I’ve done several types of signature blocks, so thought I’d update my tutorial on how to make a signature block for friends. The basic kind I make (L) is a small block, that the people in the Bees I participate in, send with their blocks. The larger size (R) is suitable for a friendship quilt, which we made for our friend Lora when she moved away.
Cut one white, or light, 3 1/2″ square and two 2 1/2″ squares. I like to use the fabric that was in my block that I sent. (Click on any circle to enlarge it.)
Place the smaller block on the top of the larger block, aligning corners, right sides together, and draw a diagonal line. Stitch one-to-two threads away from this line, towards the corner. This is the same technique used when making snowball blocks, in order to give room for the fabric to turn over the stitching line. Trim off the excess corner, leaving 1/4″.
In Circle 1, I’ve trimmed away the excess fabric and pressed the block. The center should measure about 1 1/2″ wide (Circle 2). In the last circle (seen from the back), I pressed a scrap of freezer paper, shiny side down, to the wrong side of the white strip in order to stabilize the area where I’ll be writing.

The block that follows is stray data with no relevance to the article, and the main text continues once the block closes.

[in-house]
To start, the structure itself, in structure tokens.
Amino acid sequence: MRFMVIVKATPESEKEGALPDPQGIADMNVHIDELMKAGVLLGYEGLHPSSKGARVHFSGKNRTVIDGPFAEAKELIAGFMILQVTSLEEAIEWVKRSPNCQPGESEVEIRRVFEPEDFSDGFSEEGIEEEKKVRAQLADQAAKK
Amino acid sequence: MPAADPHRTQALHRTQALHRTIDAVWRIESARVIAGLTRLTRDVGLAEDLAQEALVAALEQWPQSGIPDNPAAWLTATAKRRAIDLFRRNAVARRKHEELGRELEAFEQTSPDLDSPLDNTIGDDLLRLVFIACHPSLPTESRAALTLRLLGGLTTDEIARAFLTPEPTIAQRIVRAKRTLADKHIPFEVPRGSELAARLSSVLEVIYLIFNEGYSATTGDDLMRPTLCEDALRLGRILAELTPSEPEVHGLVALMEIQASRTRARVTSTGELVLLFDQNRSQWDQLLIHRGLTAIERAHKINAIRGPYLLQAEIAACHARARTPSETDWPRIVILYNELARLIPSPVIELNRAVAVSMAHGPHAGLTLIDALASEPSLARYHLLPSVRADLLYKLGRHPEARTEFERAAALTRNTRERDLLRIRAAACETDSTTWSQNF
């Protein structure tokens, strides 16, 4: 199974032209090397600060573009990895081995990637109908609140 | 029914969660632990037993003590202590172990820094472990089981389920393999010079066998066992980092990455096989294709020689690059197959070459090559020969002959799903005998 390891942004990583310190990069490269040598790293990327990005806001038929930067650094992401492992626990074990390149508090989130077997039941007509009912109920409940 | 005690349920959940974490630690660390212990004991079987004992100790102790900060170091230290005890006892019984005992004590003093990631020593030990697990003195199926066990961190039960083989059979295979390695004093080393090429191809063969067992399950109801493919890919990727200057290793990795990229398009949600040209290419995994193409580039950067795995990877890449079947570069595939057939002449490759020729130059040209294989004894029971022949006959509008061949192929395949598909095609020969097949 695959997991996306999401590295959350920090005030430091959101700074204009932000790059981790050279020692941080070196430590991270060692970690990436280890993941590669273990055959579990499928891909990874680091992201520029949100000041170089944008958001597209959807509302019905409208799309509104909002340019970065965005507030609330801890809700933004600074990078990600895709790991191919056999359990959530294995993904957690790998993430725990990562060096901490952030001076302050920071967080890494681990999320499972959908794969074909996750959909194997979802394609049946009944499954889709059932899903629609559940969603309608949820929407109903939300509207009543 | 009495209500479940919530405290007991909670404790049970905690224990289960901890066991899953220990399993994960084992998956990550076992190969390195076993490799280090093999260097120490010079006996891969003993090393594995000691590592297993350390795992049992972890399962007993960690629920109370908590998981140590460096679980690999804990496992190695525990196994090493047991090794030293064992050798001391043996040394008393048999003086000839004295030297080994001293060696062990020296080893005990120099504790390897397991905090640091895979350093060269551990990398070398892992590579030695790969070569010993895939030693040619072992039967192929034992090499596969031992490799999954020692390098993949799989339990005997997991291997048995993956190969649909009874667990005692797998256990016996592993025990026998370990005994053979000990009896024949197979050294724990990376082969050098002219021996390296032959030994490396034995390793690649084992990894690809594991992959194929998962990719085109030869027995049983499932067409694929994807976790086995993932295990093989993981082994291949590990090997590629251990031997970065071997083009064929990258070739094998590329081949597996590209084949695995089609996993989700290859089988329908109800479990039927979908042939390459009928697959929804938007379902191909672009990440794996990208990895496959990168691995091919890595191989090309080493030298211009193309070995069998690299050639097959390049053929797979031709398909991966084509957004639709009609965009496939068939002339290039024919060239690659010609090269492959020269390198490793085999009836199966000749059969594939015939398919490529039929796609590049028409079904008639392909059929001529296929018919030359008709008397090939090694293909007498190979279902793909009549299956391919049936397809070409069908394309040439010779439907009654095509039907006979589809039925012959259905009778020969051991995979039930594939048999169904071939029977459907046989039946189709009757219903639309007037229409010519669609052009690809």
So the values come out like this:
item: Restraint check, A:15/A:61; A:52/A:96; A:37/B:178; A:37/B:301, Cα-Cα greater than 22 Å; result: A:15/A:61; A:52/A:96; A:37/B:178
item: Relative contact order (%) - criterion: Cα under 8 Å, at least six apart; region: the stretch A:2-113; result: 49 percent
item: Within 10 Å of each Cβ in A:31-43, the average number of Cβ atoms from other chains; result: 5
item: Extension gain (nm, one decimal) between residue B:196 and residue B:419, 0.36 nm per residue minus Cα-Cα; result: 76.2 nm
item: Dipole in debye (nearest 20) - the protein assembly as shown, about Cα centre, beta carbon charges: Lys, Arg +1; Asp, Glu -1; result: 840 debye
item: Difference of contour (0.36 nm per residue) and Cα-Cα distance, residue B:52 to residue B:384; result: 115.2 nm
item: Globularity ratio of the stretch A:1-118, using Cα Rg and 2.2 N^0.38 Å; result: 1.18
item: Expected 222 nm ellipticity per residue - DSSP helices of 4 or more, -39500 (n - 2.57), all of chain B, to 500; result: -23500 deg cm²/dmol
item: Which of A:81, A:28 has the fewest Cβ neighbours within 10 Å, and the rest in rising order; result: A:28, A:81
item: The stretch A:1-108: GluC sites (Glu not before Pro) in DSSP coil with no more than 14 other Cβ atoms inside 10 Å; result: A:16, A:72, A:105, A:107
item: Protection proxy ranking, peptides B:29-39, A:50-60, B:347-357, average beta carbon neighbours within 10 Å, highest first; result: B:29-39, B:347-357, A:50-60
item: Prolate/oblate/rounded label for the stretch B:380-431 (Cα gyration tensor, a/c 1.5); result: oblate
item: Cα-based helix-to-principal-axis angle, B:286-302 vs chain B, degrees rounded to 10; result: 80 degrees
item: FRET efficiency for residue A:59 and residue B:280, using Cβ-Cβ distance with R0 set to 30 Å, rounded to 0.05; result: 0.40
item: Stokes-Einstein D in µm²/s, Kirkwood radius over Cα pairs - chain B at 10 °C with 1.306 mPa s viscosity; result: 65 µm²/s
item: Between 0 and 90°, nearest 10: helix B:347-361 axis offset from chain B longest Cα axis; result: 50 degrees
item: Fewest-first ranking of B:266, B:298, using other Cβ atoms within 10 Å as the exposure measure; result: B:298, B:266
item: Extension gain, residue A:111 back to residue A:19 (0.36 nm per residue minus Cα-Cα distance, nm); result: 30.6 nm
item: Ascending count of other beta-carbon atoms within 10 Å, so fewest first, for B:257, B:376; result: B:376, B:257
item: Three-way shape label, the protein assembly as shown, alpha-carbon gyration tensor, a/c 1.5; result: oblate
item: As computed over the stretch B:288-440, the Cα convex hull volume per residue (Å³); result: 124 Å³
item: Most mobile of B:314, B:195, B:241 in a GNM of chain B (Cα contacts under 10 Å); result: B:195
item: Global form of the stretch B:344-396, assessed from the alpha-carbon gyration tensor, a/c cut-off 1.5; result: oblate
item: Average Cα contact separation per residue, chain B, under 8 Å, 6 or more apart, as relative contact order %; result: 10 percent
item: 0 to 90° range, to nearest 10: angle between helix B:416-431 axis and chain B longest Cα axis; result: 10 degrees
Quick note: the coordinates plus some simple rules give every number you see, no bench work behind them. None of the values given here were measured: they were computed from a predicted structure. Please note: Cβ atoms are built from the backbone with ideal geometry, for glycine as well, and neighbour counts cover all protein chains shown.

I’ve made myself a card that I place underneath the white area, to help keep my writing aligned; I use paper clips to keep it in place. I use a Micron Pigma 08 pen to write.
What to write on a Signature Block that is included with bee blocks? In our bee, we suggest: Name, IG name, the date (in smaller writing) and the city where the quilter lives.
When making the larger signature blocks (quilt shown above), I used a 6 1/2″ white square and a 5″ contrast square. It gave a good amount of room for Lora’s friends to write their names. I did back every white part with strips of freezer paper, and collected signatures from all the church ladies to give her a good send-off. Many wanted to write a message, but we encouraged them to just leave a signature.
I’m sure you can see the double stitching on the corner. Because this was a larger block, I did two lines of stitching on those corners, 1/2″ apart, then cut right down the middle when I trimmed. That yielded a sweet-sized HST to use for other projects.
Some time ago, I made myself a signature quilt, collecting names of those who were significant to me at that time in my life. Some six years later, all these sweet granddaughters who signed a block (above) have grown up.
In this case, I used the center of the King’s Crown Block (also the basis for the popular Meadowland block that is currently all the rage; see below), sending around white blocks of fabric backed with squares of freezer paper all over the country, asking them to write their names in pencil (which I later traced over with my Micron Pigma 08 pen).
However or whatever your need for signature blocks are, I hope these tips are helpful!